I didn't see BEAUTIFUL in New York so was curious about the show when the national tour landed in Chicago. I love Carole King's songs and was of the generation that rushed out to buy TAPESTRY when it came out in the early 70s. In general, I'm not crazy about jukebox musicals. MAMMA MIA was fun because it paired nonsensical songs with an equally nonsensical book and made fun of its own efforts at making the songs fit into a narrative. JERSEY BOYS tried to do some interesting things with the biographical book. The Four Seasons were good musicians but not the most interesting people on the planet. I saw the show in London where the performers playing Frankie Valli and company would never pass as New Jersey Italian-Americans. The book of BEAUTIFUL (Douglas McGrath)--and there's a lot of book--is FUNNY GIRL for the twenty-first century. A very talented sixteen-year-old Jewish girl from Brooklyn has her first hit song and her first child at age sixteen. Gerry Goffin the eighteen-year-old father of the child does the right thing, as they used to say, and marries her. He also becomes her lyricist. They turn out hit after hit but he feels trapped by his life and work and starts having affairs. Eventually she realizes she can go it alone personally and professionally. She also decides to perform her music herself and becomes an even bigger name. There's also a second, comic couple as in the old days of musical comedies. They are also a composer-lyricist team, Barry Mann and Cynthia Weil. The show features their songs as well as the songs of King and Gerry Goffin. The songs range from fun to very good.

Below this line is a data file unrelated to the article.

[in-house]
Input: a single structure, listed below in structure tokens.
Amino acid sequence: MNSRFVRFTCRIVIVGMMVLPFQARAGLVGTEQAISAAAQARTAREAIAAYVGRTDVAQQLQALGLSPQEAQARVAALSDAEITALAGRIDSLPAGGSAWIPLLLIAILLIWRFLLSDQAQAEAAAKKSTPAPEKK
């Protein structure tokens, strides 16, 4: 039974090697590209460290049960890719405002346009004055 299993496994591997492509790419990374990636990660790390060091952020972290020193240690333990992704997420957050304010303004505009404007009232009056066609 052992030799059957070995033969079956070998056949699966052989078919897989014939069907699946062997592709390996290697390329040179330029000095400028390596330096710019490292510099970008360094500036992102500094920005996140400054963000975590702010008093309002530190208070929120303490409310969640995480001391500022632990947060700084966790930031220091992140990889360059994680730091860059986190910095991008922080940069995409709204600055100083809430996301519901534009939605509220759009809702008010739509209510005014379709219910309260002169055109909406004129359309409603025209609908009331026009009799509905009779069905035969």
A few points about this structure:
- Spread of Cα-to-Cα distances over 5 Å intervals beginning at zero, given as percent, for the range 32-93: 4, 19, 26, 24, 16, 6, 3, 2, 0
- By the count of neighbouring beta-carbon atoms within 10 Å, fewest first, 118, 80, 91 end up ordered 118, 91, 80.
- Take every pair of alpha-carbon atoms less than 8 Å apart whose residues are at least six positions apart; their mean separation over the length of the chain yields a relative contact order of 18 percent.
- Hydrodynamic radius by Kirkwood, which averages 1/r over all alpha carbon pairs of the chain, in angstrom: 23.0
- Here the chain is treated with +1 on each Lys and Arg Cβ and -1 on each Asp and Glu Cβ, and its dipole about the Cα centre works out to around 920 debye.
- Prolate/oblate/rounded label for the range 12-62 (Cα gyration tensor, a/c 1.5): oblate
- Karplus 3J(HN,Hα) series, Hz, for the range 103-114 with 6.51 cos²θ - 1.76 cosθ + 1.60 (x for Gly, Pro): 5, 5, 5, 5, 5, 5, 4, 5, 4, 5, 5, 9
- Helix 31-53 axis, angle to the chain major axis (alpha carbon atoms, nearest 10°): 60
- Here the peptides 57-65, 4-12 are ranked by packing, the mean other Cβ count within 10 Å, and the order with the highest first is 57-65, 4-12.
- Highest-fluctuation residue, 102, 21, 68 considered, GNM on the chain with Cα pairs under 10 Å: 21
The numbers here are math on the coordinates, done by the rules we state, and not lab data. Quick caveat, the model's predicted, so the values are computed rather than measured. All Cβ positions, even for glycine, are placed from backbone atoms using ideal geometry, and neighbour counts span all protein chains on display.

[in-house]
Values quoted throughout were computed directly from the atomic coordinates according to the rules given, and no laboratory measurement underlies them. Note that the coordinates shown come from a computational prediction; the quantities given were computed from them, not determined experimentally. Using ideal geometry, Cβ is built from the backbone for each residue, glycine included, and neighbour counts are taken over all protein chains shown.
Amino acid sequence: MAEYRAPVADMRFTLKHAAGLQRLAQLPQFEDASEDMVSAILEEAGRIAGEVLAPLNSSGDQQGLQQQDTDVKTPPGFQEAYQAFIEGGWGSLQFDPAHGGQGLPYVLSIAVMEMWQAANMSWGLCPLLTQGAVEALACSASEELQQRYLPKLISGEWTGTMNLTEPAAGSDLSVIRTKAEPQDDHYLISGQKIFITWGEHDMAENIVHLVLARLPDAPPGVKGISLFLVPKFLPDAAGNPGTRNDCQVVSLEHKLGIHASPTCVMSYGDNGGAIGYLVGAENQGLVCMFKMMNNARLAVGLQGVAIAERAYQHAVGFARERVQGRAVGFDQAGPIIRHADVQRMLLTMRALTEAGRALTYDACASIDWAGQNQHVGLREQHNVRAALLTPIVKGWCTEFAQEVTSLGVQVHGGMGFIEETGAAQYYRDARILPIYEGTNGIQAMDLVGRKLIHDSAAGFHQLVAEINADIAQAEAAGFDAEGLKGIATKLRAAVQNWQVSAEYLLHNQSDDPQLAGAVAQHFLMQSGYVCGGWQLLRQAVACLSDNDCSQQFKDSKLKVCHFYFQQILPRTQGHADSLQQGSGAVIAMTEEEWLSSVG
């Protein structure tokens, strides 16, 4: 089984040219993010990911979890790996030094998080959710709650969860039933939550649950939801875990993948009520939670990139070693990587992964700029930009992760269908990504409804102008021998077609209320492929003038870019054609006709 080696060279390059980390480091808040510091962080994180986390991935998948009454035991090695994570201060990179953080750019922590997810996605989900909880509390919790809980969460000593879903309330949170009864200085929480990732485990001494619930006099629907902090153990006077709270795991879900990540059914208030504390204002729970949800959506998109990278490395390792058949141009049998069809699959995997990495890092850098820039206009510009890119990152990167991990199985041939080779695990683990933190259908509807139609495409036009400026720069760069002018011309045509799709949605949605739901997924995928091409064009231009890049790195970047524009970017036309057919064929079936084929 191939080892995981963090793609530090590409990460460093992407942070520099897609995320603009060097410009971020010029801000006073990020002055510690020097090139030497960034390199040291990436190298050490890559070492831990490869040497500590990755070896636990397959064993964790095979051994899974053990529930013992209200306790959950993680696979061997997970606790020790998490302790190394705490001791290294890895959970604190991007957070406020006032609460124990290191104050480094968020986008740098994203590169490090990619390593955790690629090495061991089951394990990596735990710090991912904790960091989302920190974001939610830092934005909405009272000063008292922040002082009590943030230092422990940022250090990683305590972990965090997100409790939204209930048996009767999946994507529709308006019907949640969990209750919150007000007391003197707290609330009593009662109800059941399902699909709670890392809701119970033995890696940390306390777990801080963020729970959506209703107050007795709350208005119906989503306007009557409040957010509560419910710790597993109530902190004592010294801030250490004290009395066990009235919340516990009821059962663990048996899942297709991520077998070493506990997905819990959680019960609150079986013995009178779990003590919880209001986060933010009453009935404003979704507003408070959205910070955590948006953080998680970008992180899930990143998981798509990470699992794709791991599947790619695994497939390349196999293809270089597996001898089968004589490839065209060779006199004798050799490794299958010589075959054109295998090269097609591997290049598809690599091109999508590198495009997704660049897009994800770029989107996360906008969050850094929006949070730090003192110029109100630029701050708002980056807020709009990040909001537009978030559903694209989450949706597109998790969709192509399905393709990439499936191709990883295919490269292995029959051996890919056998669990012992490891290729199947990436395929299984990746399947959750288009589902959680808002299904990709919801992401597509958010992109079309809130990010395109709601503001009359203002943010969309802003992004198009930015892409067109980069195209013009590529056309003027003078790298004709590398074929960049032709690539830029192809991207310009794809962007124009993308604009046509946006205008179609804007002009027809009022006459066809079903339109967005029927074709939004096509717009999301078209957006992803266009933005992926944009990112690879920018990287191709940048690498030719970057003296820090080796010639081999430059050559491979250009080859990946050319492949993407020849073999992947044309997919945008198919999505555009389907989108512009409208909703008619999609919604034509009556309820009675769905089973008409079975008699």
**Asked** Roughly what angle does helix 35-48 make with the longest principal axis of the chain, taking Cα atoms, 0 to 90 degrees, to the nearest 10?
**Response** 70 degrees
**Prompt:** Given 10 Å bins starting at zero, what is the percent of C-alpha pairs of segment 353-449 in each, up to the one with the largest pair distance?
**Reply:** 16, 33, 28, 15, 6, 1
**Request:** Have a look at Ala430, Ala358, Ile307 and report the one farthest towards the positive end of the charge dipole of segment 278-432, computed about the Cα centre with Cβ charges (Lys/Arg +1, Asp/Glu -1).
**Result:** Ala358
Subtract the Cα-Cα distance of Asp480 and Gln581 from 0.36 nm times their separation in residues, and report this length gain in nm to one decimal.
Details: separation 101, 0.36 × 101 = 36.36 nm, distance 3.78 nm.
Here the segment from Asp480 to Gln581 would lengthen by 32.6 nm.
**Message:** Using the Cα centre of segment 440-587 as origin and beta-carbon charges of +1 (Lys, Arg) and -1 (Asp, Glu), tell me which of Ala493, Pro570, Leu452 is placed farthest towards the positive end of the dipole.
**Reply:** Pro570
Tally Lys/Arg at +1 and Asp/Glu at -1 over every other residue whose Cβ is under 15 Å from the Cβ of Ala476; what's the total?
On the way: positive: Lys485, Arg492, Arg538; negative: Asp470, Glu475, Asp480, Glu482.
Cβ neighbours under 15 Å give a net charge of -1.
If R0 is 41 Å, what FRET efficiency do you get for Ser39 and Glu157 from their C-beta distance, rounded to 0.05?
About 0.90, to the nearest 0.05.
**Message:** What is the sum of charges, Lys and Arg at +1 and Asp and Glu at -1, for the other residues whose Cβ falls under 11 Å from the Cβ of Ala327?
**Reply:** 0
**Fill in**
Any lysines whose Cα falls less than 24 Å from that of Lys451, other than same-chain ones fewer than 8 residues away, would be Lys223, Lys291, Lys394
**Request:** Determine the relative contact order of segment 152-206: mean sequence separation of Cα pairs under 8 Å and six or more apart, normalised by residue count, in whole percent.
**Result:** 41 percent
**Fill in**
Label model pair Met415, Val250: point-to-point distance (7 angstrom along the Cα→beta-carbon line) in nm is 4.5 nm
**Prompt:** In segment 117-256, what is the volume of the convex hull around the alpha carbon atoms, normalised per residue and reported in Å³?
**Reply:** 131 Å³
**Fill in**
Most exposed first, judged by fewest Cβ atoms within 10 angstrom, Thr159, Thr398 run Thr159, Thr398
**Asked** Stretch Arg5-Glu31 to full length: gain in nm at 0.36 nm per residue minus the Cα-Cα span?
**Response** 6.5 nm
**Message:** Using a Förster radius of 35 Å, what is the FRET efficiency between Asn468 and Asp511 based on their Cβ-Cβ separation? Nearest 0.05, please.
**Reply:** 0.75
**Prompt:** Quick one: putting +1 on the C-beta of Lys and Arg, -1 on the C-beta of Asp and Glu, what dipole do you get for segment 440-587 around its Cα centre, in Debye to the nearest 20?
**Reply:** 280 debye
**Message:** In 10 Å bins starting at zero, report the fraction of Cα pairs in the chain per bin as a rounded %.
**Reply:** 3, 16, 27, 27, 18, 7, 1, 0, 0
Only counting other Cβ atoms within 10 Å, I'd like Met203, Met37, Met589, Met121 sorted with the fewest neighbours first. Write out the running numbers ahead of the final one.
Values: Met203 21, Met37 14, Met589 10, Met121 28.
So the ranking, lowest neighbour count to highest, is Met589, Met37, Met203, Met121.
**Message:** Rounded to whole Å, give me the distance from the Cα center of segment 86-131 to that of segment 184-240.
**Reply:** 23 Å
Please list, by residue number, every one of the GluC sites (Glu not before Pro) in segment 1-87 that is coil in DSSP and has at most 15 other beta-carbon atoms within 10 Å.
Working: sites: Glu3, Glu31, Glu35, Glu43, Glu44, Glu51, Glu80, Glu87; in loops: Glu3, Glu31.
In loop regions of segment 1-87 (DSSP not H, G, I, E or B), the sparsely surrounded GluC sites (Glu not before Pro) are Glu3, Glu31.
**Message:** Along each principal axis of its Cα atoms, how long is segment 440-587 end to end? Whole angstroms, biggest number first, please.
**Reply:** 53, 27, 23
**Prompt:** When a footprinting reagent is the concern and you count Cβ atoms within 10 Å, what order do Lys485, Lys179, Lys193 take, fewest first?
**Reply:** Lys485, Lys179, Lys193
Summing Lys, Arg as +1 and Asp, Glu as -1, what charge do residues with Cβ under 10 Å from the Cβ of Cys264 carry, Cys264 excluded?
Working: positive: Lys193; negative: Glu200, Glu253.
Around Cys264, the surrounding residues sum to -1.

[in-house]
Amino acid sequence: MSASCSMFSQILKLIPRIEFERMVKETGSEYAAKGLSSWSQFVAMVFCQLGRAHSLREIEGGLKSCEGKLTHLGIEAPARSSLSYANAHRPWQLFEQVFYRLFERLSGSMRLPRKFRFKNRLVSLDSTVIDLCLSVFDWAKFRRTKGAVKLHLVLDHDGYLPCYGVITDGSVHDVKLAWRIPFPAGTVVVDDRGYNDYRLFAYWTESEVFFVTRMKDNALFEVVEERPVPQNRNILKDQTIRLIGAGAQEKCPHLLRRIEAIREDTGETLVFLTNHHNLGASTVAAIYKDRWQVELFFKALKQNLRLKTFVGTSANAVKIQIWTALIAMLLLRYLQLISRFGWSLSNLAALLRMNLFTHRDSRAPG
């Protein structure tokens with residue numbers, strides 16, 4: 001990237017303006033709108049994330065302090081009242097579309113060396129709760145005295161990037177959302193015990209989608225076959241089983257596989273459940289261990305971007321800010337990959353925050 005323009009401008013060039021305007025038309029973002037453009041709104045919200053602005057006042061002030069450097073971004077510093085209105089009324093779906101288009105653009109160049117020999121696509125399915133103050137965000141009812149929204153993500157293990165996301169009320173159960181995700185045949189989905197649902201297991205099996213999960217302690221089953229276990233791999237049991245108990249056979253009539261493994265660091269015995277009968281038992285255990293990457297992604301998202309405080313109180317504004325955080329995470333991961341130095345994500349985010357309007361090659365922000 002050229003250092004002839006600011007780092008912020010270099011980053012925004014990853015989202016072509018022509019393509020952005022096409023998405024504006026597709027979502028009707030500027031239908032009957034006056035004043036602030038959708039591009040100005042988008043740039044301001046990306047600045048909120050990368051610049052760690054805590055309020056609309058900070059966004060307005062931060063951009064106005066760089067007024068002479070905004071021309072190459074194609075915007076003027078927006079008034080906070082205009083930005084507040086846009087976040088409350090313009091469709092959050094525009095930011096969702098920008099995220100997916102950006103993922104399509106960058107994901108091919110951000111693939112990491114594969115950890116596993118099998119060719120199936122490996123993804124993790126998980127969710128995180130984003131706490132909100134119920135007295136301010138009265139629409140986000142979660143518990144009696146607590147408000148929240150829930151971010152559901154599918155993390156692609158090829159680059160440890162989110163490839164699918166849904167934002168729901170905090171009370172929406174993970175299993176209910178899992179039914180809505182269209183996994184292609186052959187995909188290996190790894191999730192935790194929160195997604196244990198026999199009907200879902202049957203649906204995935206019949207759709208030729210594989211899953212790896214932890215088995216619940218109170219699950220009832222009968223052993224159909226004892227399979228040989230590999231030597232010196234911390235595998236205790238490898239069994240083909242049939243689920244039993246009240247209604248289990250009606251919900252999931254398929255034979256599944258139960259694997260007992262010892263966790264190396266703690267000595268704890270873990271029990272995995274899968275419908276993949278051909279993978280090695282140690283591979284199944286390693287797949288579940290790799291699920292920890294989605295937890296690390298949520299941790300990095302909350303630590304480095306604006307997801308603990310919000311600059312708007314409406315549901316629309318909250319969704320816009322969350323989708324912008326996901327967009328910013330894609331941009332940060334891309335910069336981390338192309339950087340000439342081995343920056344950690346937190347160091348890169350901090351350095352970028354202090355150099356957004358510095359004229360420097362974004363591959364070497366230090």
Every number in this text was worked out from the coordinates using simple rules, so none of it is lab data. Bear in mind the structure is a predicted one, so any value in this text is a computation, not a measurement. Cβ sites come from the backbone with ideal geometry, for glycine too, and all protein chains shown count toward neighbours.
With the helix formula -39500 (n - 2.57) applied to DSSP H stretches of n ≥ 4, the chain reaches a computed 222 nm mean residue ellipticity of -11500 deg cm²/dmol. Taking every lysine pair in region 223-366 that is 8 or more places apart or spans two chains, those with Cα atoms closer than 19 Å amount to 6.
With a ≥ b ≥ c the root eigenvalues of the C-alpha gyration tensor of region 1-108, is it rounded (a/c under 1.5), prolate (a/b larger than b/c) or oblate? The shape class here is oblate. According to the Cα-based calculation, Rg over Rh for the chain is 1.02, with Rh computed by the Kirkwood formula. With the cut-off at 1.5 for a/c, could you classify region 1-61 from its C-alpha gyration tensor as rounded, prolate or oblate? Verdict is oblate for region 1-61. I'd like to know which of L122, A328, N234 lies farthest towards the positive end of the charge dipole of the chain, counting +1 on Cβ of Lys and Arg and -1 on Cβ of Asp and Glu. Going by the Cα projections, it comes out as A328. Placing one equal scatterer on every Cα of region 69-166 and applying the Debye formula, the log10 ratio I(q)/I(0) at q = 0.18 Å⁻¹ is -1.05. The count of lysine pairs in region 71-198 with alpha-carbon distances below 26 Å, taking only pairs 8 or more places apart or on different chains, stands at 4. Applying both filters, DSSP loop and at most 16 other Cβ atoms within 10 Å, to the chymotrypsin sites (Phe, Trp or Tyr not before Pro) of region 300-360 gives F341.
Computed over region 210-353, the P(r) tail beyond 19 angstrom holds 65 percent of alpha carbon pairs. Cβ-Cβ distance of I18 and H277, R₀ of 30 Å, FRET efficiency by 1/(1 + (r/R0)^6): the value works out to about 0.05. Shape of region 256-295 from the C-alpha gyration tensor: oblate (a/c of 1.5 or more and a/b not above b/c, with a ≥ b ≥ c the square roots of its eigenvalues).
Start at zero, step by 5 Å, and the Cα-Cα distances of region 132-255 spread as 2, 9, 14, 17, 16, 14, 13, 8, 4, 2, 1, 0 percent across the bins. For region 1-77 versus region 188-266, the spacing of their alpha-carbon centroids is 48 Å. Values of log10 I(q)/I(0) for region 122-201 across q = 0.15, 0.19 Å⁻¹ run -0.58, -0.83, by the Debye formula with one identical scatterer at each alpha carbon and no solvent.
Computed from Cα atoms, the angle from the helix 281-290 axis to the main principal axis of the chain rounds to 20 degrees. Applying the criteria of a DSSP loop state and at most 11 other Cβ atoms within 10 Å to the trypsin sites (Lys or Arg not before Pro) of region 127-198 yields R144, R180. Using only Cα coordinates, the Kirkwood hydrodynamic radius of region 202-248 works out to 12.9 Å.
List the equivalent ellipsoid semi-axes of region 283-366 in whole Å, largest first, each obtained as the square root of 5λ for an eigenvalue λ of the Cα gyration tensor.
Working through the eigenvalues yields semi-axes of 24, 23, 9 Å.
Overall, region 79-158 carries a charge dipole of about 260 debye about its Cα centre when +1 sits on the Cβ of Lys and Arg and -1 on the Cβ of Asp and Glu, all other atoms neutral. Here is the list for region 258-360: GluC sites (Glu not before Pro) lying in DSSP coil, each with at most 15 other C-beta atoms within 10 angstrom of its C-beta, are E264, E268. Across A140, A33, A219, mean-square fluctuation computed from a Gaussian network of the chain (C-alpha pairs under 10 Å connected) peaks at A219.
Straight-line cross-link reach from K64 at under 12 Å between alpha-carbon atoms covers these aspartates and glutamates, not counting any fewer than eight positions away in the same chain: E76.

As I said, there's a lot of dialogue but also twenty-six songs. There is a basic problem with a musical in which characters spend a lot of time sitting at pianos. In Marc Bruni's production (choreography by Josh Prince), the scenery, including the piano, seems to move more than the performers. The show might work better in the more intimate Stephen Sondheim Theatre in New York. In the cavernous Cadillac Palace Theatre, it cries out for more movement, particularly more dancing. The cast, many of whom had understudied their roles in New York, were able performers but the charisma quotient was very low. In other words, they performed like understudies. I would love to have seen someone with real pizzazz like Jessie Mueller as Carole King. There was a time in the Golden Age when stars headlined national tours of shows. That is virtually nonexistent these days.
It was an enjoyable way to spend an afternoon. I got a discount ticket, so feelI got my money's worth.